Getting current events insights from English professors is a risky proposition. Unfortunately, they like to offer up their views on issues of the day, often in place of classes on literature.
“George W. Bush’s foreign policy is guided by alliances with oil companies and the belief that freedom equals laissez faire capitalism,” Professor Joe Lockard told a receptive audience at the Modern Language Association’s annual convention. Dr. Lockard teaches at Arizona State University in Tempe.
Like others who offer up the energy-driven statecraft scenario, Dr. Lockard never explains why petroleum is not gushing out of Iraq in the wake of the American invasion and occupation. By the way, this assertion was frequently made when the President’s father sent troops to the Persian Gulf to free Kuwait from Saddam Hussein’s domination.
A phone call to the U. S. Department of Energy back then revealed that the United States relied on Kuwait for 2 percent of its oil. Western Europe, however, was dependent on the Emirate for 25 percent of its petroleum needs. If we went to war for oil in that conflict, it wasn’t our own we were fighting for.
The linkage of freedom and free markets that Dr. Lockard dismisses is a more intriguing juxtaposition. He should check out the overlap between the countries receiving the seal of approval in both the Heritage Foundation’s Index of Economic Freedom and the Freedom House international human rights reports.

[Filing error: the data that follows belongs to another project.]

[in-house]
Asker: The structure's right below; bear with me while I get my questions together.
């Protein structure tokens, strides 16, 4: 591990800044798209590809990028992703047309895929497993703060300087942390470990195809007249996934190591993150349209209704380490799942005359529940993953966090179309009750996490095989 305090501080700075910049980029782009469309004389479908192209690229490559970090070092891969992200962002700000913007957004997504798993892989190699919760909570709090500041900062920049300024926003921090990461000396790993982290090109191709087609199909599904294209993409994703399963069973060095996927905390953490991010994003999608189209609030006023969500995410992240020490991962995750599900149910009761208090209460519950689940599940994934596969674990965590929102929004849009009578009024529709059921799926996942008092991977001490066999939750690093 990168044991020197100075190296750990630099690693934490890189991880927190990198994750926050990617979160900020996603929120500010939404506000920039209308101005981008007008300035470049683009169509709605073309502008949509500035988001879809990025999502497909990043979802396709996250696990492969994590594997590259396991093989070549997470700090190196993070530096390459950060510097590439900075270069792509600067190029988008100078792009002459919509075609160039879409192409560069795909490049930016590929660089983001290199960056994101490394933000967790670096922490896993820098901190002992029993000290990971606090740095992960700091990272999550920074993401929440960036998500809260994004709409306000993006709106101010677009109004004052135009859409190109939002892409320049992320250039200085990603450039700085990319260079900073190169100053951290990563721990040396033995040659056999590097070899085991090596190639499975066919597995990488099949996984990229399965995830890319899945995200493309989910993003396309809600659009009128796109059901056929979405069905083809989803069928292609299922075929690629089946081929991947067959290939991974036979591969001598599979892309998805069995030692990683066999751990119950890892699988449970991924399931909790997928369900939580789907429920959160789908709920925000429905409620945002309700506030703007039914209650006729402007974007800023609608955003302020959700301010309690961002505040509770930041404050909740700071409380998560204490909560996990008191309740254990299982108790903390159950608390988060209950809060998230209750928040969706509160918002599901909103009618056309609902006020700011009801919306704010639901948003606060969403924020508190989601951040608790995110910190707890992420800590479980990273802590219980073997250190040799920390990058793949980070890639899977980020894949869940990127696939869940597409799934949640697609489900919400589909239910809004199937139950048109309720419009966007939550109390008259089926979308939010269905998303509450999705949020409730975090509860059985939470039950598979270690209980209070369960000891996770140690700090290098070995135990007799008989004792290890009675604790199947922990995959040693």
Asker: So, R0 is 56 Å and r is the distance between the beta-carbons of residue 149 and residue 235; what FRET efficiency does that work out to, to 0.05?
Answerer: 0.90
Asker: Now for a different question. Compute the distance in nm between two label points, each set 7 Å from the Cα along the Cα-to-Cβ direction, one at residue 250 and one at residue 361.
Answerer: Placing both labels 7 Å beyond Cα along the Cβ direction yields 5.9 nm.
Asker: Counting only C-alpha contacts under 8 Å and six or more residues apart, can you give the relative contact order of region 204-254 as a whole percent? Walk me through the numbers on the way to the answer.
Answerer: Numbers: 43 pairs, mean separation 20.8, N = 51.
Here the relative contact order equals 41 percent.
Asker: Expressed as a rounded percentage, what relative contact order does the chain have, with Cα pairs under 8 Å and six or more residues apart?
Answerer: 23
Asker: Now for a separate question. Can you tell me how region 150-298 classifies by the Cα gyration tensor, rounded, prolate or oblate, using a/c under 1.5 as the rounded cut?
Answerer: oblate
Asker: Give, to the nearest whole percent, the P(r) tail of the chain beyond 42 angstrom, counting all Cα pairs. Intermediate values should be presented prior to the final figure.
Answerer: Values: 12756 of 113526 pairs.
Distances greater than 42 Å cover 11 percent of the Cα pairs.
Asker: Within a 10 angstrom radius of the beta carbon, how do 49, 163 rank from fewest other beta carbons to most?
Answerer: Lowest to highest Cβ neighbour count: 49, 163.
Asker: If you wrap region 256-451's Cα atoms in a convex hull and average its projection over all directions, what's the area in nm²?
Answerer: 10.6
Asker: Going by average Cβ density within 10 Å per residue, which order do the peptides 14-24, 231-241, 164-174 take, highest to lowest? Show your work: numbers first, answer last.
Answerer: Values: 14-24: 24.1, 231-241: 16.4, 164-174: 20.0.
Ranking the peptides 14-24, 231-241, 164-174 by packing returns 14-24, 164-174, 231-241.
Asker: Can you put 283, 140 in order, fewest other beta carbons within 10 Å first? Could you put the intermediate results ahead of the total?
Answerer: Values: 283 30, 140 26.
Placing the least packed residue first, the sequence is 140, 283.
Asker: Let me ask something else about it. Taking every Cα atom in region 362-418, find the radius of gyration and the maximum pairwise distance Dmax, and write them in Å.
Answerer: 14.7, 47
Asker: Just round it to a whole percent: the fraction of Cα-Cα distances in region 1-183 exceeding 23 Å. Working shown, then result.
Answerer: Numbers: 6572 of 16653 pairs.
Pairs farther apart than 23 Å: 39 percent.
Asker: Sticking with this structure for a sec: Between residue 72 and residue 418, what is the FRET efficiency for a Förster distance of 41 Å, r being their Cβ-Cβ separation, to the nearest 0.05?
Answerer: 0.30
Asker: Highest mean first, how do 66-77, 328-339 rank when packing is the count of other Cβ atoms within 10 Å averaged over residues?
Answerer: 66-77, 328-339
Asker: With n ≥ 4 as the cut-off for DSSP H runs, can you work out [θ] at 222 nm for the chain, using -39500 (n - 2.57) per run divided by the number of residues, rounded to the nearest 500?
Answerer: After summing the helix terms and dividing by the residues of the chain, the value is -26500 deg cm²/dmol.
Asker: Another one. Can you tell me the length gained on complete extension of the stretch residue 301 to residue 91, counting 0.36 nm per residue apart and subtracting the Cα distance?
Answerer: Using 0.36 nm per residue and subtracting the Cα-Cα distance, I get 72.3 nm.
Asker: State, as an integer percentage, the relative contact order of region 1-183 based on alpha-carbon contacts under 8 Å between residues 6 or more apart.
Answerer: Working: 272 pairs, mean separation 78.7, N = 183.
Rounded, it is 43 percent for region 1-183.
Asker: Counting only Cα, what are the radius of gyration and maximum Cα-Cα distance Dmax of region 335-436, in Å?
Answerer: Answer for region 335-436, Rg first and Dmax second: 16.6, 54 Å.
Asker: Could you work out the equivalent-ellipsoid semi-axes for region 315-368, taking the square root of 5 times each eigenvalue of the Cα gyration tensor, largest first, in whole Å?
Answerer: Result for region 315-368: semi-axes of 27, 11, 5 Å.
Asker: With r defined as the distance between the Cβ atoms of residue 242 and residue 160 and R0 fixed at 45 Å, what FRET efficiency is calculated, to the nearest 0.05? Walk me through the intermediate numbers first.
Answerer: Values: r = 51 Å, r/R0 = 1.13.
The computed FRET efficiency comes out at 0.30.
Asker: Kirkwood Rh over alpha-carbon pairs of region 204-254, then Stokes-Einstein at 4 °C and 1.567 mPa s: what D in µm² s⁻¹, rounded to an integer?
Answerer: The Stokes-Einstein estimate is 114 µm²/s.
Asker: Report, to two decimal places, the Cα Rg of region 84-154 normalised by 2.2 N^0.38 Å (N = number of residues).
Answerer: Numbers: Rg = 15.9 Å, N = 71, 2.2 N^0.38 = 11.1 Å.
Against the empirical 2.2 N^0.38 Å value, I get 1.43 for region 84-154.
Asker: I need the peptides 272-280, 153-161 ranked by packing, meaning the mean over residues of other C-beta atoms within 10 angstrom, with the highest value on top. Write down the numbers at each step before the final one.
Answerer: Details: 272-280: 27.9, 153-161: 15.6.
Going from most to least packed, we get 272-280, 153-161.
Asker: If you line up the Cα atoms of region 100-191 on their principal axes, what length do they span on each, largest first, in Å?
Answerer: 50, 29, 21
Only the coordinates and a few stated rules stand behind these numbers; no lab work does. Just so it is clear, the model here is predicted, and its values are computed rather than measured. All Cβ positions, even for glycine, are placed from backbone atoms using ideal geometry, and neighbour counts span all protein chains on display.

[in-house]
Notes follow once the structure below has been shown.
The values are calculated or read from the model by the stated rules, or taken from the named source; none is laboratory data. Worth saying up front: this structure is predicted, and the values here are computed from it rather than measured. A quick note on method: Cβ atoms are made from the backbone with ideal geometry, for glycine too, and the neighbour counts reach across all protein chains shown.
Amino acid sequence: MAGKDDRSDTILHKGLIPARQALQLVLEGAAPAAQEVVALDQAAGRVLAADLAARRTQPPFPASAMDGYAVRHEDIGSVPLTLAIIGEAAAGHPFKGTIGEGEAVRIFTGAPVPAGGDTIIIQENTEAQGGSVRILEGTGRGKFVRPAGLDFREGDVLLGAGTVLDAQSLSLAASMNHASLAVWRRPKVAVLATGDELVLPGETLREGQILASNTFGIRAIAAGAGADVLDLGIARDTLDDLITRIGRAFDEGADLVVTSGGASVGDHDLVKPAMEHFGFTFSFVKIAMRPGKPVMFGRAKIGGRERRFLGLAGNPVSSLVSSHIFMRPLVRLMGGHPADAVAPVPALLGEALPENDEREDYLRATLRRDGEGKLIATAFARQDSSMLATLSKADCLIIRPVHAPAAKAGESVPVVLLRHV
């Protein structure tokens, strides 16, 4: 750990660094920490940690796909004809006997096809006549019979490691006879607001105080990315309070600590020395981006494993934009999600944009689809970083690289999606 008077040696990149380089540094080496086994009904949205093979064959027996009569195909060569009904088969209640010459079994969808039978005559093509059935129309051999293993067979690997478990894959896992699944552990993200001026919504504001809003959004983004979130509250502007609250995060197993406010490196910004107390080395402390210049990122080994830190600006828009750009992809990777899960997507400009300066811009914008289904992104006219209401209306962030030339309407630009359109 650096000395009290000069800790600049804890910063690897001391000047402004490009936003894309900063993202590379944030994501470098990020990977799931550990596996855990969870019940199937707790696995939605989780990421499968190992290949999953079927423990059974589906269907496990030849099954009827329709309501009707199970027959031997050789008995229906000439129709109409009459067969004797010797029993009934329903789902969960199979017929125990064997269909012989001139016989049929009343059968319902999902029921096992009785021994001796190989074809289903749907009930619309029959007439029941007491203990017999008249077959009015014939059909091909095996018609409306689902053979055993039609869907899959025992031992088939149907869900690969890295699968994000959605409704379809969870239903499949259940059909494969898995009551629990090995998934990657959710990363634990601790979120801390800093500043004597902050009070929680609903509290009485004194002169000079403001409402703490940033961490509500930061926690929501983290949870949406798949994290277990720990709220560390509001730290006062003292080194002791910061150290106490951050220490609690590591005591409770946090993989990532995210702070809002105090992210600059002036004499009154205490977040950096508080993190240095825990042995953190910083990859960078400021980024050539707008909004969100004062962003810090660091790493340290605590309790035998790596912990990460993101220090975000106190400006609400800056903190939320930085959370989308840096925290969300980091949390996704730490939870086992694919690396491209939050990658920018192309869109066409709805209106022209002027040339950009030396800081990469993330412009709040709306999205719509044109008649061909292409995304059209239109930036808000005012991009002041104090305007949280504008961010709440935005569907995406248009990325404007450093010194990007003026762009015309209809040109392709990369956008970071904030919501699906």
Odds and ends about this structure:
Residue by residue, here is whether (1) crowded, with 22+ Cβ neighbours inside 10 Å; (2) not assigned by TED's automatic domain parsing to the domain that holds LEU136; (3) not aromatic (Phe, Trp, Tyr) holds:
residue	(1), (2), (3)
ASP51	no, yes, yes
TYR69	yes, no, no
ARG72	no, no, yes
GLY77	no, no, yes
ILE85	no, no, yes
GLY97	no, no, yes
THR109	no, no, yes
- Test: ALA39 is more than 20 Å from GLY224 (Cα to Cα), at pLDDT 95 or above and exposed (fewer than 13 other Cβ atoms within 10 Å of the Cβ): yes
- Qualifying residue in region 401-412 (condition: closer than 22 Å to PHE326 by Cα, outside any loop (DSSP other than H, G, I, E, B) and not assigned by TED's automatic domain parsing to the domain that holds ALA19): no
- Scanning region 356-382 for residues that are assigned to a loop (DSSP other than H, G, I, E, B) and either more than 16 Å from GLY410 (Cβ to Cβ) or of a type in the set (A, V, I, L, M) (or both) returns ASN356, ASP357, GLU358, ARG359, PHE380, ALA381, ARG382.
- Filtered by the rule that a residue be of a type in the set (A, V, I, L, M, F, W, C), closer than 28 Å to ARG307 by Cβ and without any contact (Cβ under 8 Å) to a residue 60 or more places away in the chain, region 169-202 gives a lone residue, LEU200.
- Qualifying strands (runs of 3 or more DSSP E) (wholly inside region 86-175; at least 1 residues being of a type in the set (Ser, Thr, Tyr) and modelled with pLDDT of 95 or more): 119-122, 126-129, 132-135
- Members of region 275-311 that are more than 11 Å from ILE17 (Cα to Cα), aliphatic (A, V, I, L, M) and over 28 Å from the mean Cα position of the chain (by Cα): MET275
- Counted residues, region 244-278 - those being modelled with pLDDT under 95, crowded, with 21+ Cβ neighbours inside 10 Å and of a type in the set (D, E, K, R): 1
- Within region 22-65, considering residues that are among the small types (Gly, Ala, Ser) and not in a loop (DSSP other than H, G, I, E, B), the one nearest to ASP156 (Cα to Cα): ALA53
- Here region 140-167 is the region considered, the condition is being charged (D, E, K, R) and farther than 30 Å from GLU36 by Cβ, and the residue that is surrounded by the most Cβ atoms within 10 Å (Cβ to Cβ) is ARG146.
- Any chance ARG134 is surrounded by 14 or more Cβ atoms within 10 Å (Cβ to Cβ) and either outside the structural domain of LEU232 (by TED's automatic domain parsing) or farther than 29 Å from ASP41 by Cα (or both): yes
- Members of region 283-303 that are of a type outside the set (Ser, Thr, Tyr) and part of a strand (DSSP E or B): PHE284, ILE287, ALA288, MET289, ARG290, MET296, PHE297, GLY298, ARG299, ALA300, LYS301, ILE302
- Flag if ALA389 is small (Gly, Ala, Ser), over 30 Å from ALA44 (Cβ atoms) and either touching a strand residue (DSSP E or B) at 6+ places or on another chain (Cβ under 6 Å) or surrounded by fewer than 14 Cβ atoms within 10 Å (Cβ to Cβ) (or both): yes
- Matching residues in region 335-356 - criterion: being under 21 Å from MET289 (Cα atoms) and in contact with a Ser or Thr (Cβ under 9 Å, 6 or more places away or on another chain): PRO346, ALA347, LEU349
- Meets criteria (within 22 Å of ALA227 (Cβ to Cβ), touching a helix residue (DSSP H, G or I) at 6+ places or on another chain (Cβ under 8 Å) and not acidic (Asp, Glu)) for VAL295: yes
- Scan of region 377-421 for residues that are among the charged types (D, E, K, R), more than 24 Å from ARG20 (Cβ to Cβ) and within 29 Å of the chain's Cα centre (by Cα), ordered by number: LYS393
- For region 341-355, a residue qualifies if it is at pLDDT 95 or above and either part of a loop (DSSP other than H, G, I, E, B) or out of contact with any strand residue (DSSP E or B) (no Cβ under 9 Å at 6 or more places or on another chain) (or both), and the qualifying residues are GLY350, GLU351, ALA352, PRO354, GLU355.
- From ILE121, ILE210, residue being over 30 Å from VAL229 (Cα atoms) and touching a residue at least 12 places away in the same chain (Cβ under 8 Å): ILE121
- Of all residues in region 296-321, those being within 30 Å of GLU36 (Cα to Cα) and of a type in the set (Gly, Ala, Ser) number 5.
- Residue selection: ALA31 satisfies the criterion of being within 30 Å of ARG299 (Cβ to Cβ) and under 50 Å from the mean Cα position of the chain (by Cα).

In Iraq, we have an “imperial U. S. presence in a nation that never threatened the United States,” Dr. Lockard said at the MLA’s Washington, D. C. conference. He should watch producer Roger Aronoff’s documentary, Confronting Iraq.
The sources who shared evidence of the Iraqi threat with Mr. Aronoff include James Woolsey, President Clinton’s CIA director. Mr. Aronoff is a media analyst with Accuracy in Media, Accuracy in Academia’s parent group.
The “calling for a crusade in Iraq” and the “national realization of impending democracy” forms a “cultural justification for state-supported violence,” according to Dr. Lockard. Then how do you explain those photographs of American troops feeding Iraqi babies?
“It is not the form of a nation state that leads to war but the nation state itself,” Dr. Lockard told the audience at the Marriott. If that is so, then why do we see Communist China threatening capitalist Taiwan rather than the other way around? And how much saber-rattling has Singapore done lately?
Dr. Lockard is not alone among English professors. Like the thousands of pedagogues who flock to the MLA’s annual conference, he goes home loaded with the insights and perspectives he has gleaned from the conference just as others can now carry his wisdom with them.
Once in class, particularly with tenure, professors have about as much autonomy as ship captains do while at sea. With that power, the professor’s out-of-town conference paper can become the student’s degree-making-or-breaking true-or-false test.
Malcolm A. Kline is the executive director of Accuracy in Academia.